Additionally, we have trained employees of a seed company on a new technology for cottonseed cleaning and treatment. This has a positive effect on the environment, as the new cleaning method allows less product to be used, but additionally is resulting in a better adhesion of the product to the seed surface with less exposure to the farmer during sowing.”

Addressing potential risks

This proactive search for potential risks allows Bayer to continuously improve its stewardship measures. By creating and communicating best management practices to customers, Bayer’s Crop Science Division enables them to further reduce the potential risks to human health and the environment of using its products.
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Protecting personal health.

In the case of dust emissions for example, stewardship measures involve promoting the application of high-quality seed coatings as well as using a deflector when sowing seeds with pneumatic vacuum sowing machines. The seed coatings developed at the Bayer SeedGrowth Center of Excellence in Méréville, France, can reduce dust emissions by up to 95 %. A deflector fitted to a pneumatic vacuum sowing machine lowers dust emissions by as much as 90 %, as field tests have shown. By reducing the exhaust air speed and directing the air stream towards the soil, a deflector significantly lowers the risk of exposure to abraded seed treatment particles contained in the exhaust air of the planter.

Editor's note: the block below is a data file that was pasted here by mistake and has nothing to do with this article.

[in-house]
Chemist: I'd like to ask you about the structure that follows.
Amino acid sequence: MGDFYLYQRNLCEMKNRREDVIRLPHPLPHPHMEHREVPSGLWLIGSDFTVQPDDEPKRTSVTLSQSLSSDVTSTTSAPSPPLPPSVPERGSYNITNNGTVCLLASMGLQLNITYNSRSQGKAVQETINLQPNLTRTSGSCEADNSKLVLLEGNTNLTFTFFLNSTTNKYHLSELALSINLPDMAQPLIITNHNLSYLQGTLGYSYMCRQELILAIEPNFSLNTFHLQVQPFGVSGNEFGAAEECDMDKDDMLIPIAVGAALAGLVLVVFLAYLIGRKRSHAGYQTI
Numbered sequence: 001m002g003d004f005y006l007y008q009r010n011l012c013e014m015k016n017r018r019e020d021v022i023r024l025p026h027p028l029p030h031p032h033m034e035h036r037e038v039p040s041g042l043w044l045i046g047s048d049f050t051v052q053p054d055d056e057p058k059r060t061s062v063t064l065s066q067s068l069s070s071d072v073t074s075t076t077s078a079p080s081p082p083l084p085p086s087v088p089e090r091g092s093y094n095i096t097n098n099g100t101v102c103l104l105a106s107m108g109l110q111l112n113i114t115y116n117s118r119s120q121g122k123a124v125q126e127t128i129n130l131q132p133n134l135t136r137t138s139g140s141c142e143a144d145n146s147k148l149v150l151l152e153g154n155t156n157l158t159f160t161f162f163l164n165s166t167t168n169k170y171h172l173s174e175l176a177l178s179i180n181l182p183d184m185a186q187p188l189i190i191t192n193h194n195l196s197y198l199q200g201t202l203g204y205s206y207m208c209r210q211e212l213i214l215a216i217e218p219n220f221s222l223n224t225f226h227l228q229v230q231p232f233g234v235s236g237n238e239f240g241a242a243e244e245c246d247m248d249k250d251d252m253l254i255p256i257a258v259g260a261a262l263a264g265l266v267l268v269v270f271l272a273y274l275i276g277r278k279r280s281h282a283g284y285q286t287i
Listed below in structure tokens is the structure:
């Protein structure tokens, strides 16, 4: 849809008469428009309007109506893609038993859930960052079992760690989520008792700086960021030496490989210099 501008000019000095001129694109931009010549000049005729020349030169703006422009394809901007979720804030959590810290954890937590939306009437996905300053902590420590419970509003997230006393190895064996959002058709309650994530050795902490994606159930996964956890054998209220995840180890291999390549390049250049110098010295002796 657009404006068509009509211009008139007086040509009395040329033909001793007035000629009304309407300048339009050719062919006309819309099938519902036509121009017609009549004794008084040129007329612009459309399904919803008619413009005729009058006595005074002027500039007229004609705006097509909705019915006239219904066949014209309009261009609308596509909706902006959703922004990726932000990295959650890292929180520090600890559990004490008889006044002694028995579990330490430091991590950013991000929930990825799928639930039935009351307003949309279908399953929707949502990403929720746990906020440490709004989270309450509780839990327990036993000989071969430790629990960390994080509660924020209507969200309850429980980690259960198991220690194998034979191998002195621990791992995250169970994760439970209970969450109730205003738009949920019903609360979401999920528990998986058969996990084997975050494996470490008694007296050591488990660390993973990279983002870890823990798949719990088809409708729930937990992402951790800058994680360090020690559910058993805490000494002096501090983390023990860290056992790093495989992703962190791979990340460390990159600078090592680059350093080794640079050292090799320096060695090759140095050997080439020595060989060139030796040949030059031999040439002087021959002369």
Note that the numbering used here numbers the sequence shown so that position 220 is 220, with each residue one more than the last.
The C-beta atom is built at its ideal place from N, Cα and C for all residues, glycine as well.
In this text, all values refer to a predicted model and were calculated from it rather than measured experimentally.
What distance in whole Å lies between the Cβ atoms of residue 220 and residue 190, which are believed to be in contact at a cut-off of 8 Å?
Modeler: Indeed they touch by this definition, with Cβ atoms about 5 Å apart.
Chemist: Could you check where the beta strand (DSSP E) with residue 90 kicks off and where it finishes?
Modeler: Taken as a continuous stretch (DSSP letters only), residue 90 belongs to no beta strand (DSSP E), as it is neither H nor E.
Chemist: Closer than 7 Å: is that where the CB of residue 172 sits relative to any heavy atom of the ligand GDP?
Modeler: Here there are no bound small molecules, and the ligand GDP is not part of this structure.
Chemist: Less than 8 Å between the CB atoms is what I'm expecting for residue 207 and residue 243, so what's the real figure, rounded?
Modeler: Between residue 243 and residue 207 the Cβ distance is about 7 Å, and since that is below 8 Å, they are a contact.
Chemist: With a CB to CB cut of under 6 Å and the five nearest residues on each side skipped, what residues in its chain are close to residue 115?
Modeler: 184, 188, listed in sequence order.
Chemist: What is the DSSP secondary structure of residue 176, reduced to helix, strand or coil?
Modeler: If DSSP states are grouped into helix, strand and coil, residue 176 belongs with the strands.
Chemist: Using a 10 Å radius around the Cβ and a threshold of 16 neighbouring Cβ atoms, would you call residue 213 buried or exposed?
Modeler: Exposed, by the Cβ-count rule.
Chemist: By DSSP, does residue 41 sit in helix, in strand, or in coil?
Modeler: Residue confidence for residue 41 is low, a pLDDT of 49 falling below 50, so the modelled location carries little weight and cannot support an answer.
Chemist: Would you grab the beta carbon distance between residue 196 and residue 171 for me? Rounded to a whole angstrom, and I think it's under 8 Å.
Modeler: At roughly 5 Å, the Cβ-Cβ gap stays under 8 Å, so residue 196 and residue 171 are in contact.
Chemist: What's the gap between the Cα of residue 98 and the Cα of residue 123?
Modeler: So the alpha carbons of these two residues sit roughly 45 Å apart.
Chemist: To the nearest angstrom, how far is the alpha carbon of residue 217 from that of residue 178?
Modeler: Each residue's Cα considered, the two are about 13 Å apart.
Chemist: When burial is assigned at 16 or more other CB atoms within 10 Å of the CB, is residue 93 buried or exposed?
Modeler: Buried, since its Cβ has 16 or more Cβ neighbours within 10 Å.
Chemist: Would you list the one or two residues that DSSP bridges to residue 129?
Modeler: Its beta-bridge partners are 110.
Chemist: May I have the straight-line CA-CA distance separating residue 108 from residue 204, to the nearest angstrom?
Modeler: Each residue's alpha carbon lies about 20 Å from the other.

Seed-box lubricant

Another good example of applied stewardship is fluency agent. Used as a seed-box lubricant, it dramatically reduces dust emissions from a vacuum planter, e.g., in corn by up to 88 % compared to talc. This fluency agent is thus the ideal replacement for talc, graphite, or blends, can be used with all makes and types of planters, and has no impact on planting accuracy.
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Deflectors reduce dust risk.

Bayer’s Crop Science Division is proud of its innovative strength. Therefore, the company is doing all it can to protect its innovations, among other things through stewardship measures ranging from resistance management to combating counterfeits. Yet stewardship is not just about protecting innovations; it is also driving them. Dust adhesion has been enhanced through better coatings, improved formulations, as well as enhancements for sowing equipment. Bayer’s AirWasher or SweepAir, for example, can greatly reduce dust emission during sowing.